Her first job came when she boldly walked up to a fellow party-goer whom Brod recognized as a fashion executive and asked for a job. Her big break came from confidently pitching to someone in an elevator, and that client (Burberry) led her to start her own firm.

Brod encourages women to “be bold. Do not be afraid or feel limited in asking for connections to others or in introducing yourself to people you want to meet.” She also cautions young women not to mistake confidence with overselling qualifications to future employers.


4. Network

Women are sometimes thought of as natural networkers, but for younger women who are used to communicating via email, text or Facebook message, talking to strangers at networking events can be daunting. It doesn’t have to be. Start by joining your local alumni chapter, your professional association or a young professionals group.

Let’s look at the example of Teresa Goertz, who moved her home and her career in one fell swoop. As she settled into her new hometown of Seattle, she also worked at establishing a new career in technical writing. After earning her certification, she became a member of the Puget Sound chapter of the Society for Technical Communications. It was there that she volunteered for leadership positions and made contacts that led to contract work, which in turn led to Goertz owning her own firm.

Remember, networking is not about what people can give to you. Networking is based on forming relationships, learning and helping each other.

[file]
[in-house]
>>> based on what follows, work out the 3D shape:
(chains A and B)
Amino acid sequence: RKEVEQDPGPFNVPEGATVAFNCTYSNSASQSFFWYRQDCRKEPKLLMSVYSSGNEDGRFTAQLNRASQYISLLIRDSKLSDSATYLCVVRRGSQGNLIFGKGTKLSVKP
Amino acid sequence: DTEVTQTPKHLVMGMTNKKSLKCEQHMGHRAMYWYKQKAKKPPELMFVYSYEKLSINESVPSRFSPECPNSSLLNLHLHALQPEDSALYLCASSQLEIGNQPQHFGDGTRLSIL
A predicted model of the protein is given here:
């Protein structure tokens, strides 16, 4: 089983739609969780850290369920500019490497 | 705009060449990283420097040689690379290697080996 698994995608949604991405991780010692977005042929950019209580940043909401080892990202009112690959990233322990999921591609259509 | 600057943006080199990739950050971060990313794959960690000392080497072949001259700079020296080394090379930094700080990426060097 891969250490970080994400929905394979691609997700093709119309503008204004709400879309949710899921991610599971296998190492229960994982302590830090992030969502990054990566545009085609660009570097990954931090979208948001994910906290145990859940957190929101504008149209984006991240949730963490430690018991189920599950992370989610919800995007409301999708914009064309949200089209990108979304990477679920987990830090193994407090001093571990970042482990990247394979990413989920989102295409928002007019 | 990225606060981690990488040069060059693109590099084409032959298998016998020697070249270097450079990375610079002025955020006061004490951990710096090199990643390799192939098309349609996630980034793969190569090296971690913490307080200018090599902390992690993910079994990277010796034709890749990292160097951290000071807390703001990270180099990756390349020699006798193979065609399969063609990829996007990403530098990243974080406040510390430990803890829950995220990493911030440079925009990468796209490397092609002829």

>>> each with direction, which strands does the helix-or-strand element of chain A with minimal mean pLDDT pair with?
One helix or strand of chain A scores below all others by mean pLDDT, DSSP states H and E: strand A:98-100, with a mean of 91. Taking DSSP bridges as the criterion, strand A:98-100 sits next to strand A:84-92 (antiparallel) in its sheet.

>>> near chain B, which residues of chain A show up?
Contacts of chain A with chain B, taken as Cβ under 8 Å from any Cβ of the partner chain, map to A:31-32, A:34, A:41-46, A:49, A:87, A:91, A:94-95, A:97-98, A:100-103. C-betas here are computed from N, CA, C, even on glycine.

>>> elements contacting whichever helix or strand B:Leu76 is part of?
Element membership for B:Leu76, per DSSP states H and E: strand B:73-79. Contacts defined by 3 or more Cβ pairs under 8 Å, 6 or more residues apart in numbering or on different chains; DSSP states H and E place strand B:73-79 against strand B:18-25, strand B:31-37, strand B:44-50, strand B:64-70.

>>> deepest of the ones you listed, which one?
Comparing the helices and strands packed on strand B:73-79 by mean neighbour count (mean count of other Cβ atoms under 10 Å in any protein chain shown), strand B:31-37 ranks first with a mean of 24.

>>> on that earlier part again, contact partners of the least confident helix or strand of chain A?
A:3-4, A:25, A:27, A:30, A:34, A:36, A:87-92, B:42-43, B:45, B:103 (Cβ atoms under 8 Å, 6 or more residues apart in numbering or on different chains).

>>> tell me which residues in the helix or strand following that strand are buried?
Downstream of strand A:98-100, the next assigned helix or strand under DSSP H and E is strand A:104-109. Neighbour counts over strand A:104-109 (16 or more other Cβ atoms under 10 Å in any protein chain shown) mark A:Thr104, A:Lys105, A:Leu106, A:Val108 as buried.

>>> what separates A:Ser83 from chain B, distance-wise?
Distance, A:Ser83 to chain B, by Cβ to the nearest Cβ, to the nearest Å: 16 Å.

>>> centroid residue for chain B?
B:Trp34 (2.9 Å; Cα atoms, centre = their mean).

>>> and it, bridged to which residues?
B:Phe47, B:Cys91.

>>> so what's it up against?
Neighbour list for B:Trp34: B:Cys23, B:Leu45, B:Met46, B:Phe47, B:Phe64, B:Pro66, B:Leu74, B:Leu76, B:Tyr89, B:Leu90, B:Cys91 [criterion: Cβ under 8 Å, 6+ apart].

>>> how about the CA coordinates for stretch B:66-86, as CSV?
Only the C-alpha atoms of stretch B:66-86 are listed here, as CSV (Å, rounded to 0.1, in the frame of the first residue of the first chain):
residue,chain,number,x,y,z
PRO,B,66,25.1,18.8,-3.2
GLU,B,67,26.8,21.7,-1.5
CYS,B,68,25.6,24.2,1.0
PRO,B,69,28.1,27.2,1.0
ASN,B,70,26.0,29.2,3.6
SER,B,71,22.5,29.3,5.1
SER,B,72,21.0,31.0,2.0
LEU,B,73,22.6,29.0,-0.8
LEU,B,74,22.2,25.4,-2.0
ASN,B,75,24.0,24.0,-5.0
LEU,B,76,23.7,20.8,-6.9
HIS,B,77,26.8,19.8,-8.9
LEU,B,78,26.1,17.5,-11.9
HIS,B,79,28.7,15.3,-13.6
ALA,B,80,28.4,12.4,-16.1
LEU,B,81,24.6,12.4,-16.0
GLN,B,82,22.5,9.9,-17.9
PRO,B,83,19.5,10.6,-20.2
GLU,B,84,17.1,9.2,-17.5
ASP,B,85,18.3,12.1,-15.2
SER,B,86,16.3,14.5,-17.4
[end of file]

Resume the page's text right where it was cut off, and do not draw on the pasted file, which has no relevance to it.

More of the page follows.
5. Take Risks

This piece of advice can be a hard one for some. Young women are taught to follow the rules and fulfill conventional roles, so stepping into the unknown can feel foreign. Taking risks can sometimes feel like a gamble, but it shouldn’t be looked as as a negative thing, in fact it can be adventurous and quite fun.

Arianna Huffington, the author and entrepreneur, said in an interview, “We women are a little more risk adverse, because whenever you launch something there is a big chance it’s not going to work. We have a bigger problem with failure.” She goes on to talk about what she calls an “obnoxious roommate living in our heads” that breeds doubt and self-criticism.

So kick that roommate out. Whether it’s striking out as a freelancer to gain flexibility or more earning power, starting your own agency or asking for a raise, women need to embrace risk to move forward in their careers.


The outlook for women in the workplace is most certainly improving, but women need to be strategic and thoughtful in their approach to career advancement. Leave your advice for female career strategies in the comment section below.




Briana North is a blogger that enjoys sharing her opinions and advice on careers, feminism, young adult literature, and life itself. Recently, Briana earned her Bachelor’s degree in Journalism and is currently working in the field of Public Relations. In her free time, she focuses on building her portfolio so she can continue sharing her opinions and advice with others.While she doesn’t know what tomorrow will bring, she hopes it includes writing.

You can connect with her on Twitter, Linkedin, and Google+.